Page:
solitary fibrous tumor of the pleura

Solitary fibrous tumor of the pleura, also known as pleural fibroma, is a rare benign pleural-based tumor that accounts for <5% of all tumors involving the pleura.

Epidemiology

Usually presents in the 6 to 7 decades. There is no recognized gender predilection. It has an incidence of 2.8 per 100,000 persons .

Clinical presentation

Usually asymptomatic and discovered as an incidental finding on a routine chest radiograph . Of those who are symptomatic, the clinical presentation can be with either a cough, chest pain, or shortness of breath.

Associations
  • hypoglycemia (2-4%)
    • thought to be due to the production of insulin-like growth factor 2
  • hypertrophic pulmonary osteoarthropathy (~20%)
    • thought to be due to abnormal production of hyaluronic acid

Asbestos exposure is not an association.

Pathology

They are composed of irregularly arranged fascicles consisting of spindle cells separated by collagen. Thought to originate from submesothelial mesenchymal cells. Approximately 80% of pleural fibromas arise from the visceral pleura. Myxoid or cystic degeneration can occur.

Location

There may be a predilection towards the mid to lower zones of the chest. In ~80% of cases, they arise from visceral pleura, with the remainder arising from the parietal pleura.

Variants
  • lipomatous hemangiopericytoma: a fat-forming variant of pleural fibroma

Radiographic features

Plain radiograph

Presents as a pleural-based mass, which tends to be relatively circumscribed, but can also be lobulated. It often forms an obtuse angle with the chest wall and may grow to a large size. Pedunculated lesions can change position and appearance with respiration or with a change in position on serial radiographs.

Calcification, rib destruction, and pleural effusions are typically not associated features.

CT

Tends to have soft tissue attenuation on unenhanced scans and shows relatively homogenous intense background enhancement on contrast-enhanced scans (from rich vascularization). Non-enhancing areas may be present, corresponding to necrosis, myxoid degeneration, or hemorrhage within the tumor. A pedicular attachment may also be seen.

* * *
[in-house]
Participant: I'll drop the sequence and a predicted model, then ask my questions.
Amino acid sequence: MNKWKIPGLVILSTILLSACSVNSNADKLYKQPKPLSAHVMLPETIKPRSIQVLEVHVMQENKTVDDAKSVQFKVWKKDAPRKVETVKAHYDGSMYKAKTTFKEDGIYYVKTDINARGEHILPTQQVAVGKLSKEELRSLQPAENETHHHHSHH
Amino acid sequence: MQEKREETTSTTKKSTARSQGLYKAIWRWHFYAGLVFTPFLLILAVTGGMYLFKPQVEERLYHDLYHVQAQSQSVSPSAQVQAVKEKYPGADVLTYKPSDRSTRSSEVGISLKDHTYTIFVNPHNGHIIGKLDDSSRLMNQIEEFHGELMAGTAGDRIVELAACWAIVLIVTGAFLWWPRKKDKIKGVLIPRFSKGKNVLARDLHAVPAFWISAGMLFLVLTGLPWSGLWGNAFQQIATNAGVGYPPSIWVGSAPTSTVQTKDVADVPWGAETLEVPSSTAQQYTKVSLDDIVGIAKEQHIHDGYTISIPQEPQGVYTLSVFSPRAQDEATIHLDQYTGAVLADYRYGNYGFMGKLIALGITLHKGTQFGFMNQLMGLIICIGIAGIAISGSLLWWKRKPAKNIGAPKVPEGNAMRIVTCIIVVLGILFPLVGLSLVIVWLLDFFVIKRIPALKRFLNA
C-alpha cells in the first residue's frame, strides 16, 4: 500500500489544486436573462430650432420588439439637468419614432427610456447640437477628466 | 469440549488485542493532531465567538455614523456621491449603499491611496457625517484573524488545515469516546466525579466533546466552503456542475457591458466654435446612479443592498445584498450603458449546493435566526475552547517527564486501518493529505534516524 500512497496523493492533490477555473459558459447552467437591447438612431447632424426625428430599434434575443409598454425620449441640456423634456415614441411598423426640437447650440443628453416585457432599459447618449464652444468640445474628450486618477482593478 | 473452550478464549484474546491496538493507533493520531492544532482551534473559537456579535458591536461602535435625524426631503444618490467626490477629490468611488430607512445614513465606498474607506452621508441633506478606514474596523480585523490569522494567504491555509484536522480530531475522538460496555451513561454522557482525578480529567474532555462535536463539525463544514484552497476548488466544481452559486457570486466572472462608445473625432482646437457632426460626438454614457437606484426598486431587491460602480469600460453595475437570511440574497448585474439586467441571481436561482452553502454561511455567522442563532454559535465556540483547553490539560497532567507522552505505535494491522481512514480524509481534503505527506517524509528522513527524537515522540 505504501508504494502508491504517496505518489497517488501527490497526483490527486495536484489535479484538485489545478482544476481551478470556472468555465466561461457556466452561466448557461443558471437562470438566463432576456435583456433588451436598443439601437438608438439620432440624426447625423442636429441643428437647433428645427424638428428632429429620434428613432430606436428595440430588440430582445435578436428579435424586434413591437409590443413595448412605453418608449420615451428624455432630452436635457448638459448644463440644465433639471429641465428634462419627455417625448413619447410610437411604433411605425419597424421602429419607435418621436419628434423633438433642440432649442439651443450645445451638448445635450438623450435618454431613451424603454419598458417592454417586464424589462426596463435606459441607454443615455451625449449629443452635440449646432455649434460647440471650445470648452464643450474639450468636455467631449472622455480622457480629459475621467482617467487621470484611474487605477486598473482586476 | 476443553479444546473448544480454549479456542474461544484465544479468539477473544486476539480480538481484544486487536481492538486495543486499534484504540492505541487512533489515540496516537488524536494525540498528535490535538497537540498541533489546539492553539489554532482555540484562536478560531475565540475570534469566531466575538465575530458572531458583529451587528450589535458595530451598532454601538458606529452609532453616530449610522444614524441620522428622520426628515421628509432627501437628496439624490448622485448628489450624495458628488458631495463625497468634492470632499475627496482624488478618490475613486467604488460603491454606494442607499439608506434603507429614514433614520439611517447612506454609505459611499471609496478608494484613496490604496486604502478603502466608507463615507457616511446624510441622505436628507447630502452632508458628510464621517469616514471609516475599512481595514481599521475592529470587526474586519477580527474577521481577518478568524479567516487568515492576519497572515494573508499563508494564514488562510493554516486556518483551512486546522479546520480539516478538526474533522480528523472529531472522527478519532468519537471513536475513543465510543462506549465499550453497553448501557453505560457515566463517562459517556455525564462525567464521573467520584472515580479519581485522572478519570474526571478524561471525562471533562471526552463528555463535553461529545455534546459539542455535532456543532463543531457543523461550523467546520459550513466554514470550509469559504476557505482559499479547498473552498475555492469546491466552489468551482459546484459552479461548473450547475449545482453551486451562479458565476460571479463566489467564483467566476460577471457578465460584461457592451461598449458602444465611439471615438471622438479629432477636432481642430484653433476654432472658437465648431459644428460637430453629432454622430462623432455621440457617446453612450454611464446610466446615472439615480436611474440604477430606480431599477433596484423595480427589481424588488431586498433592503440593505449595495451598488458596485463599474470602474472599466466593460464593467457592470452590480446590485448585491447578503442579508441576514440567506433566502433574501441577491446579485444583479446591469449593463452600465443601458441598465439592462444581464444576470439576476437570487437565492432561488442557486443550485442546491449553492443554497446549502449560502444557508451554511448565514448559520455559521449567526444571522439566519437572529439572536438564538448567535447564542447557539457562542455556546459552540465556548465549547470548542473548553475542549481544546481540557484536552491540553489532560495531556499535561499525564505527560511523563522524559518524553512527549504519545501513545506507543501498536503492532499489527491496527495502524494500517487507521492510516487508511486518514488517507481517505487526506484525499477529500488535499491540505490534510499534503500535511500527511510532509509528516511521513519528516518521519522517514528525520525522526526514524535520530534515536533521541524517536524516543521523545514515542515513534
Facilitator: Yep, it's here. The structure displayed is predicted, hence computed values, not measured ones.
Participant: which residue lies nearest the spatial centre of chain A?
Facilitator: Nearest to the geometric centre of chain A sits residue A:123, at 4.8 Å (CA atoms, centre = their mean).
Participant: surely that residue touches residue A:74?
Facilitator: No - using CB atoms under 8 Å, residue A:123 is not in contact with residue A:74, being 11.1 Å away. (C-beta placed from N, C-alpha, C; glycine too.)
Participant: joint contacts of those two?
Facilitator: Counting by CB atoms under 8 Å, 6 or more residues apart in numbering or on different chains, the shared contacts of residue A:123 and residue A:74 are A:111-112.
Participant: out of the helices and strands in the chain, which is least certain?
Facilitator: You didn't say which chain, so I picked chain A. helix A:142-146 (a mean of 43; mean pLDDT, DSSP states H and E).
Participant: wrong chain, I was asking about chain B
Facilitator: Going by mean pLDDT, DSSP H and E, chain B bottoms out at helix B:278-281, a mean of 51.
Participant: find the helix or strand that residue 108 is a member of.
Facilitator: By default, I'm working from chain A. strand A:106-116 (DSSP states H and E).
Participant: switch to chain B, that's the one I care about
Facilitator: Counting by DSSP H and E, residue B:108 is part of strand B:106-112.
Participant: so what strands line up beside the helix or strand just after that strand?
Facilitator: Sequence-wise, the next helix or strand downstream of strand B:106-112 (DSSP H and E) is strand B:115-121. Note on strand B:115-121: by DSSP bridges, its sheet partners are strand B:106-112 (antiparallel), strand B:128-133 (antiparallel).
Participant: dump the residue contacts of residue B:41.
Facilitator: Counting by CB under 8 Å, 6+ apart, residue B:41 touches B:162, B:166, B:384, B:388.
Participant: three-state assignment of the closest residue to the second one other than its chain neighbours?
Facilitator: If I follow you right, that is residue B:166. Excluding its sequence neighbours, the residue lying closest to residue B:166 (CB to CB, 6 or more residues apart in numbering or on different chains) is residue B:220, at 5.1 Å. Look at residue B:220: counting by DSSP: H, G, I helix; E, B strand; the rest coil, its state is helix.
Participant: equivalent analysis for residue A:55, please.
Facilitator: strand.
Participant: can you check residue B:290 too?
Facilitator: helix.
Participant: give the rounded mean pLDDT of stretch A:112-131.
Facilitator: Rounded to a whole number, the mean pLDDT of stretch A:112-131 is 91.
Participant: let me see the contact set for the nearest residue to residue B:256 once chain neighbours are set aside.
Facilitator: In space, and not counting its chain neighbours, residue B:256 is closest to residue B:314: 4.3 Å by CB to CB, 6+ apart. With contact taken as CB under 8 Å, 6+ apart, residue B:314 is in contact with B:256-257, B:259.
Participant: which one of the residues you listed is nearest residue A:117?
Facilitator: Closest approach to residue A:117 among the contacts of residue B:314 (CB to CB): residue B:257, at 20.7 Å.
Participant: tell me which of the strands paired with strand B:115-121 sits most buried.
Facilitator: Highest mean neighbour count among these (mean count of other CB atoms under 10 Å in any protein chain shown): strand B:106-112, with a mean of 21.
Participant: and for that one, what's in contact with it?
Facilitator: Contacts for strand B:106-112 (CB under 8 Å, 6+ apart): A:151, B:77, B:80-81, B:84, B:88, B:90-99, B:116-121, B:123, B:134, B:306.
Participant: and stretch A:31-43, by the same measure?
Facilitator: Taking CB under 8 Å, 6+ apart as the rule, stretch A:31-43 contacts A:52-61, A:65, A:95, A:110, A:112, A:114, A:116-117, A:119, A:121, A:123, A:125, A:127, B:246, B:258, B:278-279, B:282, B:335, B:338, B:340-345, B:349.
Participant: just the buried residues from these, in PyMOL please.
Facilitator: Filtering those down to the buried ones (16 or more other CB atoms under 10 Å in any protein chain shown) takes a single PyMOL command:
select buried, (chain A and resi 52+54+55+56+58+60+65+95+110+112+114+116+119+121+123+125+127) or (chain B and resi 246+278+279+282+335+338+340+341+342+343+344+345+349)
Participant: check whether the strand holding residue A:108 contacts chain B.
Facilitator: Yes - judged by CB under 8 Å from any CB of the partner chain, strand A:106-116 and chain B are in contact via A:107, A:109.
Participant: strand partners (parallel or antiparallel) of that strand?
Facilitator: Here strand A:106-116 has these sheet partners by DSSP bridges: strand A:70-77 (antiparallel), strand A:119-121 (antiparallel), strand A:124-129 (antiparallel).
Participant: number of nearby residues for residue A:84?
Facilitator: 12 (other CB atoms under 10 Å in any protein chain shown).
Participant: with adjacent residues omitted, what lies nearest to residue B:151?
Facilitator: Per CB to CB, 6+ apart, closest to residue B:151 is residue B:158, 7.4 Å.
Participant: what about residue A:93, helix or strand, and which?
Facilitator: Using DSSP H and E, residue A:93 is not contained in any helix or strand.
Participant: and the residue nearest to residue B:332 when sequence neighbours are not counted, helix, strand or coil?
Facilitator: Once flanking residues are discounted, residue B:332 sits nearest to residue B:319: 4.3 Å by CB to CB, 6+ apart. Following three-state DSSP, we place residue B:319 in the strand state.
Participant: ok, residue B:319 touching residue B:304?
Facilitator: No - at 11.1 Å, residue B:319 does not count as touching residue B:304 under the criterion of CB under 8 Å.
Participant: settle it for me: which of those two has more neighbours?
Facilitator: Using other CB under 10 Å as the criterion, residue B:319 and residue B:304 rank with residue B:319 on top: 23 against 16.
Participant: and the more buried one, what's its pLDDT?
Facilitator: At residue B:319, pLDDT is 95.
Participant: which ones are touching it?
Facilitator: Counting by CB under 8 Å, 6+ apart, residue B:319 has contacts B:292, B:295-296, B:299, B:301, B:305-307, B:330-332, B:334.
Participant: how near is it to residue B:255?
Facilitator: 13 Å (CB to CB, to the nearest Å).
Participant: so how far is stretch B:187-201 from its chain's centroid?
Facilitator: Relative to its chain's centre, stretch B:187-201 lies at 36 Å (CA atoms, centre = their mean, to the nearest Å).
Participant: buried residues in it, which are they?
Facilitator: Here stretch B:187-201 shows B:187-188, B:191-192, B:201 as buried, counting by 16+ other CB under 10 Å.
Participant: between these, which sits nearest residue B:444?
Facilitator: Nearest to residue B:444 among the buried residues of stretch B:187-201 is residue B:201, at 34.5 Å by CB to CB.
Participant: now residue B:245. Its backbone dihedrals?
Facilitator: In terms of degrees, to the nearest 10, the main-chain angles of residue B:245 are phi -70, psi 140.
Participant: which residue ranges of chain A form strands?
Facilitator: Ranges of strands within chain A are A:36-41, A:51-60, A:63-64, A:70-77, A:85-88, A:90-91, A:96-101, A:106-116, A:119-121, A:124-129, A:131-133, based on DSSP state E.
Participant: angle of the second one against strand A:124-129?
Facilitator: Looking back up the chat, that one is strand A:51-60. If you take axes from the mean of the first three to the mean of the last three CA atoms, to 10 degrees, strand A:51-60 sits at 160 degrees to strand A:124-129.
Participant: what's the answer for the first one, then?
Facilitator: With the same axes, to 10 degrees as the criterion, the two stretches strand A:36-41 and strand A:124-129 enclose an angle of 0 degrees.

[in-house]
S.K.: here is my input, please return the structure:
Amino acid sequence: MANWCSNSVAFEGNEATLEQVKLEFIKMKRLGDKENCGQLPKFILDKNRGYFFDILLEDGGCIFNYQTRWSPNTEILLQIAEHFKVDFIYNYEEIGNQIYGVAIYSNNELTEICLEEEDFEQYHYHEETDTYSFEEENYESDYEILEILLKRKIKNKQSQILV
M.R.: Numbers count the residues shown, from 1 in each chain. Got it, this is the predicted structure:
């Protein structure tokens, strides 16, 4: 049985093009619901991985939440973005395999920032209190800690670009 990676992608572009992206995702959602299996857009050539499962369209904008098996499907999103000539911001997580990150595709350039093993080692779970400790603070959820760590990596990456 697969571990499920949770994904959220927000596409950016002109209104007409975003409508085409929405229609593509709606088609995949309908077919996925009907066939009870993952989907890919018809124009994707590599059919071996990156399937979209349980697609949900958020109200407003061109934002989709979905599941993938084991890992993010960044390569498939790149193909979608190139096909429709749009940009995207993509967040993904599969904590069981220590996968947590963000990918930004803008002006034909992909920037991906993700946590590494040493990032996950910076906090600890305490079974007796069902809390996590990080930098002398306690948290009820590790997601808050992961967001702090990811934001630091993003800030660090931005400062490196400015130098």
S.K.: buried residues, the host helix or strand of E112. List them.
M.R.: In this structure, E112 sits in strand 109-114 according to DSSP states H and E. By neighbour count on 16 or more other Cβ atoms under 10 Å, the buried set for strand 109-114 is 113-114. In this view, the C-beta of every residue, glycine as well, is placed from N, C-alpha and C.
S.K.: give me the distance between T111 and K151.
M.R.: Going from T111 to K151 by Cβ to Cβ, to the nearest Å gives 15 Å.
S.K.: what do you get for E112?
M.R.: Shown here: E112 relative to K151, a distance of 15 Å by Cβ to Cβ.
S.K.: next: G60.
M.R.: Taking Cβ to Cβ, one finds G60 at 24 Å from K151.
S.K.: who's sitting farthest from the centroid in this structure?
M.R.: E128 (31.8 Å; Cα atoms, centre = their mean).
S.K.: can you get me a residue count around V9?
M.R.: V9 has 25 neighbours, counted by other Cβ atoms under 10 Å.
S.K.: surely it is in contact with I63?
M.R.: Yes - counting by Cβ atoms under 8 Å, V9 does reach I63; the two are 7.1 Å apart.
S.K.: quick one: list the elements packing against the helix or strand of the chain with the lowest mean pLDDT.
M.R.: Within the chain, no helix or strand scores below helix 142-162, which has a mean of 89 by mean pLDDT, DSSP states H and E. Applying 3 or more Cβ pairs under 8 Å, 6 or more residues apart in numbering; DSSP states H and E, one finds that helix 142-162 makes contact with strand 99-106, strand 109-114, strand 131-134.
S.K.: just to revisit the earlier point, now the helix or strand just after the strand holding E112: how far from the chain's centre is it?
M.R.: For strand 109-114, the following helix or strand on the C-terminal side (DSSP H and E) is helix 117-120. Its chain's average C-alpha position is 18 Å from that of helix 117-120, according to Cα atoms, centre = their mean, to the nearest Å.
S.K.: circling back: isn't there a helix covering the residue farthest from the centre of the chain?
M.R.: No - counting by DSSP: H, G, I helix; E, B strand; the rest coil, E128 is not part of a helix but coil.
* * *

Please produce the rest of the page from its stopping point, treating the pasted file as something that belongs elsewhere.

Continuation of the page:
MRI

Due to the fibrous component, signal characteristics tend to be:

  • T1: typically low to intermediate signal
  • T2: typically low signal overall (thought to be due to high cellularity and abundant collagen); areas of necrosis and myxoid degeneration can have high signal

MR may also show necrotic, hemorrhagic, and cystic components in greater detail if these are present.

Treatment and prognosis

The majority of tumors tend to be benign and slow-growing. Malignant tumors are uncommon but have been reported. Surgical resection is the treatment of choice .  There can be a recurrence in a small proportion (8%) of cases, most of which do not recur again following re-excision.

History and etymology

Understanding of primary pleural neoplasia has changed drastically since the late 1800s, and so the associated terminology has also changed. German pathologist Ernst Leberecht Wagner (1829-1888)is generally credited with the first description of pleural mesothelioma / pleural fibroma in 1870, although he described it "tuberkelähnliche" lymphadenome ("tubercle-like" lymphadenoma) . Primary pleural malignancies were rare until the twentieth century when incidence increased considerably due to environmental exposures.

Throughout much of the twentieth century, there was a continual debate about the precise histology of both normal pleura and pleural tumors. The properties of the mesothelial cell itself were controversial, mostly due to its unique expression of both mesenchymal and epithelial attributes.

Gradually, a distinction was recognized between "localized" versus aggressive mesothelial tumors (i.e. "malignant" mesothelioma). The former entity has been variably termed benign mesothelioma, localized fibrous tumor of the pleura, localized mesothelioma, localized fibrous mesothelioma, localized benign fibroma, or submesothelial fibroma .

Differential diagnosis

Considerations for extremely well-defined lesions include:

If not extremely well defined, consider:

Also, consider the differential for a single pleural mass.